Trying to find math inside everything else

I was listening to the episode of Wait Wait…Don’t Tell Me! yesterday with Neil deGrasse Tyson yesterday (I’m almost as behind on podcasts as I am on blog reading), and I noticed the following exchange between Peter Sagal and Tyson after he loses the game.

SAGAL: I have to say, this is a strange moment because, as listeners know, I usually like people to win and I often give hints, but I was so pleased by the idea of fooling you that – Neil DeGrasse Tyson – so, like, by doing this, I therefore, by the rule of succession, become the smartest person in the world.


SAGAL: I have slain the dragon – you know, it’s like…

TYSON: So I look – I look at it differently. I look at had I gotten all three right…

SAGAL: Yeah.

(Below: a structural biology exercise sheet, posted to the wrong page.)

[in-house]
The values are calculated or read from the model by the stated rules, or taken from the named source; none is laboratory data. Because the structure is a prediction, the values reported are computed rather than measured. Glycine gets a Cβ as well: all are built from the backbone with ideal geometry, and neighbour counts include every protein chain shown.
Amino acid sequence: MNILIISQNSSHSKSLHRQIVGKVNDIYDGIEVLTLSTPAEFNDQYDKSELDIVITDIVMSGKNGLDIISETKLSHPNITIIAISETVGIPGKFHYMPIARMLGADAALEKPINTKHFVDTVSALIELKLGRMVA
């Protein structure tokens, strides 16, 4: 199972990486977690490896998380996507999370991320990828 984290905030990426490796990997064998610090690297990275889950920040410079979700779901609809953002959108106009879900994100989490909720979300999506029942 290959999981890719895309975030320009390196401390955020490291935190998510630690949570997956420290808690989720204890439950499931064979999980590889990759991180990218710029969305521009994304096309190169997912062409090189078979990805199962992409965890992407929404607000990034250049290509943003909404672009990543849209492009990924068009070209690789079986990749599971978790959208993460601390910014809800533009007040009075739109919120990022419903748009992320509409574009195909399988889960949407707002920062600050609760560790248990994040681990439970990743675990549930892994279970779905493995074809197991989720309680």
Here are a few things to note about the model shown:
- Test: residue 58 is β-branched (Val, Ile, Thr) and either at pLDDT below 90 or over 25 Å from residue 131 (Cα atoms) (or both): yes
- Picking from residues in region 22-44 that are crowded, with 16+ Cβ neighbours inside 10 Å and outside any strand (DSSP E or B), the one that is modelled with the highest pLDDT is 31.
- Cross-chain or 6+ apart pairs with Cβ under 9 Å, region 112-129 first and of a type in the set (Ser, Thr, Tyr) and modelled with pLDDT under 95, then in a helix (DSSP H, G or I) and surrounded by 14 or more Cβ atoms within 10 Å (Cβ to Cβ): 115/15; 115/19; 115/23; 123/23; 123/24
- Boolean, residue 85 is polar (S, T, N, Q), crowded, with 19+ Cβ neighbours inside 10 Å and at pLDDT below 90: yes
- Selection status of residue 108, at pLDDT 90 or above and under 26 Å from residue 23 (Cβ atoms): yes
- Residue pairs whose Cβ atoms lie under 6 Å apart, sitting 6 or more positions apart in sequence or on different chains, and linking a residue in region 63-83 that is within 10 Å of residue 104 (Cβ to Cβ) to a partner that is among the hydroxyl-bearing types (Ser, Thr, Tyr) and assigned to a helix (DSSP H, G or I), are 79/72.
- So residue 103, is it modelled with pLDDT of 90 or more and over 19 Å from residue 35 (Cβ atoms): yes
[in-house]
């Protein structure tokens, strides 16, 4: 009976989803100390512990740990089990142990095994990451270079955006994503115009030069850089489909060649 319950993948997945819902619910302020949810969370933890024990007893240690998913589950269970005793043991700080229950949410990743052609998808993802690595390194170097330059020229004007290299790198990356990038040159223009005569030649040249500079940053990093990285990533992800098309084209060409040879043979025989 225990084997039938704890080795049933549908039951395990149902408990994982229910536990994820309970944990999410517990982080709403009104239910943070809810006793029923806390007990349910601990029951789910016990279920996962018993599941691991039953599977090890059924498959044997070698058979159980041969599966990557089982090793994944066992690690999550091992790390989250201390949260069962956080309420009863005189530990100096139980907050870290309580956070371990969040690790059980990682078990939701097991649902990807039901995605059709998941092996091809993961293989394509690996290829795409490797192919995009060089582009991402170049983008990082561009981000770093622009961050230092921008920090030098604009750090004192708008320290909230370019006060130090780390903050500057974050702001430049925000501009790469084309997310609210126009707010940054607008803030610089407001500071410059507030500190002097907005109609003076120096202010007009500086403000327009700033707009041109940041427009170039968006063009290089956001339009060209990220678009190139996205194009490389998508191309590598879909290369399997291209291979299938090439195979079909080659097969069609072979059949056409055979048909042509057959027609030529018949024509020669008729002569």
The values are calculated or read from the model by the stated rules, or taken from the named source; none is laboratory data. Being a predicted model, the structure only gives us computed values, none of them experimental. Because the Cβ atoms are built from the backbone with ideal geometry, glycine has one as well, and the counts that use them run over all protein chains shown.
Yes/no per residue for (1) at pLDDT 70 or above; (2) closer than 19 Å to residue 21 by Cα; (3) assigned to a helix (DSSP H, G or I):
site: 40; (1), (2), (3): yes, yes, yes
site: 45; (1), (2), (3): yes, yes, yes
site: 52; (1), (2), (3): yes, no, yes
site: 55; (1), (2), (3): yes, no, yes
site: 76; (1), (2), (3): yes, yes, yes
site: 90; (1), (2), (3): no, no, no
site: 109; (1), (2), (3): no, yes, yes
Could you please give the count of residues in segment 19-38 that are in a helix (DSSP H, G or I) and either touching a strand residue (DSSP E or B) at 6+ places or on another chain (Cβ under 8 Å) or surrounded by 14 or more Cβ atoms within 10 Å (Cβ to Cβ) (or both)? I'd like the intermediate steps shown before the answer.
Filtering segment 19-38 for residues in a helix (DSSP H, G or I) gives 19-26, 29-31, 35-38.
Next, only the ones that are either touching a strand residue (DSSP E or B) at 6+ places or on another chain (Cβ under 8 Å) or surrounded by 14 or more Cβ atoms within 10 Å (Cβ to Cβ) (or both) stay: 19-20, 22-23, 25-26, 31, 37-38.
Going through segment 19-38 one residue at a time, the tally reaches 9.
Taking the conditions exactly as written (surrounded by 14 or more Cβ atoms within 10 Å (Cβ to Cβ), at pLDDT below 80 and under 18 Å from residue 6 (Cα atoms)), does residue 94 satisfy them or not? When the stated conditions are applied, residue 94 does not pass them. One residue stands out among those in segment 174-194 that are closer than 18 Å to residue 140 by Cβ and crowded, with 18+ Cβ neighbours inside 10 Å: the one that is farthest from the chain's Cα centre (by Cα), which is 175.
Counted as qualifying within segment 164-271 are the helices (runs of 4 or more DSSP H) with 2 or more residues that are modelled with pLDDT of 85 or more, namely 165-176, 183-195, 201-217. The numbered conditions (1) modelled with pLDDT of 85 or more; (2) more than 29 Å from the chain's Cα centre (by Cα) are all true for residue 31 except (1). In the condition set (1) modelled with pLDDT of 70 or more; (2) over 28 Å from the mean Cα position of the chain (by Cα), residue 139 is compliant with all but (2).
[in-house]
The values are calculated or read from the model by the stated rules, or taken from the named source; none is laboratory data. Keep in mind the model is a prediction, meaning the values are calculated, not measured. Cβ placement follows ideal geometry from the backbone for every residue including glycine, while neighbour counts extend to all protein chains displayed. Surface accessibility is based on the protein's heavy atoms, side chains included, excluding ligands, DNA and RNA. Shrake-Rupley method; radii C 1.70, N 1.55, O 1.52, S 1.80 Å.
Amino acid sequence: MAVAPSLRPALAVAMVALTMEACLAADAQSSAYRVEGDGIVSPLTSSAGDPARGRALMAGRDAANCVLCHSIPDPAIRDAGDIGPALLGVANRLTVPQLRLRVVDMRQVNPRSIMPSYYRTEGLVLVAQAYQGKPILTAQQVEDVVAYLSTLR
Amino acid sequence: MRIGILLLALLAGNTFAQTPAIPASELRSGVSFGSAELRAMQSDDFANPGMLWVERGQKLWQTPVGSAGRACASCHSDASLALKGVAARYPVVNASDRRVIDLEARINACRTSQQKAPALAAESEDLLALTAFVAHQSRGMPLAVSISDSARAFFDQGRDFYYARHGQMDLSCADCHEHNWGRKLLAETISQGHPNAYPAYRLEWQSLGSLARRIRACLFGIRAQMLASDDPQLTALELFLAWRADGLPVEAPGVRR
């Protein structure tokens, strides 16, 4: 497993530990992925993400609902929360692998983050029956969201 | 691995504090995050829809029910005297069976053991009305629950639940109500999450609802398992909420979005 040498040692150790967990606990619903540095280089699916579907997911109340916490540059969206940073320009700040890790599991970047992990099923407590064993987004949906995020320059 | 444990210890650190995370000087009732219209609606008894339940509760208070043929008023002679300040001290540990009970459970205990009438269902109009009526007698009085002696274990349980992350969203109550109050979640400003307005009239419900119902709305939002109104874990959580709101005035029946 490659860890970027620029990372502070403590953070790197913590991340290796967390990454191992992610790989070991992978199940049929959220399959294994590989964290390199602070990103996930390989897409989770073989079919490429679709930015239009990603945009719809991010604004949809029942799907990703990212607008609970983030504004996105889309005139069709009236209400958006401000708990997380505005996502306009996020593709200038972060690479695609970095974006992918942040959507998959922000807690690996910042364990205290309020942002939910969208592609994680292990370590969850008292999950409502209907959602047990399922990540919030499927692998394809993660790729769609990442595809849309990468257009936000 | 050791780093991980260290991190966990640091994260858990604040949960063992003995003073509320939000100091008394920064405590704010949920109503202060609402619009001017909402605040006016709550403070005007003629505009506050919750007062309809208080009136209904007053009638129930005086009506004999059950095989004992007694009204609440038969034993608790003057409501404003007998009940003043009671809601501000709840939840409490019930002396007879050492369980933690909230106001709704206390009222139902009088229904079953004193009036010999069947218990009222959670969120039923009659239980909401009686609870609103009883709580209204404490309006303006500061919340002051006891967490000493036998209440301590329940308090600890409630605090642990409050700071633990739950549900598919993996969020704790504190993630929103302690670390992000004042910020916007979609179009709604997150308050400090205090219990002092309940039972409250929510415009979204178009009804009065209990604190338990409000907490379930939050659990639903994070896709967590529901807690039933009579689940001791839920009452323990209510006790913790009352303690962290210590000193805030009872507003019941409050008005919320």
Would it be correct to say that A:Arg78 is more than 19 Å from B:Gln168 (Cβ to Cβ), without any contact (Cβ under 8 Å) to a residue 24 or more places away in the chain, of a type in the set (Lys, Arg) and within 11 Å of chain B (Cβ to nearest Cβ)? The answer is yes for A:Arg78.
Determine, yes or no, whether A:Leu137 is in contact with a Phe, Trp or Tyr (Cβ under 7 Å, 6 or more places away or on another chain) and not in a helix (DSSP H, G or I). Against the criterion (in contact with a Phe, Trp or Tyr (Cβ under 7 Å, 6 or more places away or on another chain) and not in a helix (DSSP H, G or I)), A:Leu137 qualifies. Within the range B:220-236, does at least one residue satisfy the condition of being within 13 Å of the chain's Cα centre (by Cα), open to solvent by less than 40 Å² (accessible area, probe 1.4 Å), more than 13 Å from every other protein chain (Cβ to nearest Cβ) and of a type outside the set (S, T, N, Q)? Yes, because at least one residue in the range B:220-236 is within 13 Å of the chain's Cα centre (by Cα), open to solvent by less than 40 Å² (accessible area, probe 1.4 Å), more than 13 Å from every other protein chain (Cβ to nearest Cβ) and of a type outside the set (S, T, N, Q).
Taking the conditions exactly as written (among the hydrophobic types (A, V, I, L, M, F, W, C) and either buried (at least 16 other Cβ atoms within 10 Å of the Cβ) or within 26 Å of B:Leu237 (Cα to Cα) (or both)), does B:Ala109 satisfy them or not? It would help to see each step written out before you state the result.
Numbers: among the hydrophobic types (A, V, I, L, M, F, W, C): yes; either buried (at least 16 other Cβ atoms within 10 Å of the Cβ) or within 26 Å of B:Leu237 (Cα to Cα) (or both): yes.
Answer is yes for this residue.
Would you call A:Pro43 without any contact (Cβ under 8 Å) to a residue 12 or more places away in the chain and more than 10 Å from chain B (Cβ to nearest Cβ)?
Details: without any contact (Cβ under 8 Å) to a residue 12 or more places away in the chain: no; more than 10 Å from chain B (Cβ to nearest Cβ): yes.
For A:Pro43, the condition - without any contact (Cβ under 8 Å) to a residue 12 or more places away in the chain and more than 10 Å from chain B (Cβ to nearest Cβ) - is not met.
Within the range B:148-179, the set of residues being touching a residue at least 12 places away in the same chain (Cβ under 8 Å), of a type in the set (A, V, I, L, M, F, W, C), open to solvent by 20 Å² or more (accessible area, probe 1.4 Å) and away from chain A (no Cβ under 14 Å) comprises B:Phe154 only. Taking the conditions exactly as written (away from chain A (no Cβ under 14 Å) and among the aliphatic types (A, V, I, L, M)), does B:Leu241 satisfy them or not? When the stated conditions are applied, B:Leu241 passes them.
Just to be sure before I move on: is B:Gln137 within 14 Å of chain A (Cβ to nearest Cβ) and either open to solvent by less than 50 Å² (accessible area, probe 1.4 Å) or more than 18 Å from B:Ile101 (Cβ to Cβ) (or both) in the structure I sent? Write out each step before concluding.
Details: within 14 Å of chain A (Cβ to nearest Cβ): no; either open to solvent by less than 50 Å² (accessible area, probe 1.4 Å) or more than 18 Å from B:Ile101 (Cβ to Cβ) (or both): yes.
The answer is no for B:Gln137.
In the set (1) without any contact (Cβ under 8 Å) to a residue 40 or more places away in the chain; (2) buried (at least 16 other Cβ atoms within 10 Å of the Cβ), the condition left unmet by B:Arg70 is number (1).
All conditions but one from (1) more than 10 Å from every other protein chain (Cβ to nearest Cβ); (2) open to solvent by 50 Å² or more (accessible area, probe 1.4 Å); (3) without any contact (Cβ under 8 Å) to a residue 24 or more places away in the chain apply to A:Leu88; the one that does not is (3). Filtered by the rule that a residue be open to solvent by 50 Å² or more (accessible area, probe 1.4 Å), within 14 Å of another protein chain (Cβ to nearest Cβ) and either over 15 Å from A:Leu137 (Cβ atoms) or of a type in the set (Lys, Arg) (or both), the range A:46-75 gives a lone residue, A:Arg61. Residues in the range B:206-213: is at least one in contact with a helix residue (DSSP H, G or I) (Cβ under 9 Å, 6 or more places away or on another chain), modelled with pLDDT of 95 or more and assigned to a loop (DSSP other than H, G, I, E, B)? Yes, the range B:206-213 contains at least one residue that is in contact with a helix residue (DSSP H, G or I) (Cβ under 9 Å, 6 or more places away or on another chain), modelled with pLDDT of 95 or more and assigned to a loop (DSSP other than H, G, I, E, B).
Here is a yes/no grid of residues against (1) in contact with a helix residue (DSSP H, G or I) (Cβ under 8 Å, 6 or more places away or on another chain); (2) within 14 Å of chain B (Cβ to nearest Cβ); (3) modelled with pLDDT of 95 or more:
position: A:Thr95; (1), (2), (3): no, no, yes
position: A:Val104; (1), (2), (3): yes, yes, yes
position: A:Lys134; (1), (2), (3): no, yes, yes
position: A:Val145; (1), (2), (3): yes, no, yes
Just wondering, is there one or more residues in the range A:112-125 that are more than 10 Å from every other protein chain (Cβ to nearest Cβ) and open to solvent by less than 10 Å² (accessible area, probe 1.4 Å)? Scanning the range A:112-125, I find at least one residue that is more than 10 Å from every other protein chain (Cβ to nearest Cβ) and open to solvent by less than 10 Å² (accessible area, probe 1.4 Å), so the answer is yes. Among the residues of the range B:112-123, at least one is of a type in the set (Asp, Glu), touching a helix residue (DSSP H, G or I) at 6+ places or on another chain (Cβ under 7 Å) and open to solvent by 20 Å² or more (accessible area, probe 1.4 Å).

TYSON: …I would’ve learned nothing. But having gotten two wrong, I learned two things today.


SAGAL: There you go.

KURTIS: There’s a lesson.

So (as to not assume across the board – just in the particular example), not only does Tyson demonstrate a growth mindset, as is obvious, but we see Sagal talking about the typical fixed mindset – wanting to show his superiority and prove his “worth,” so to say. It was a pretty clear constrast. And if you’re looking for growth mindset role models, it’s hard to do better than Neil deGrasse Tyson.

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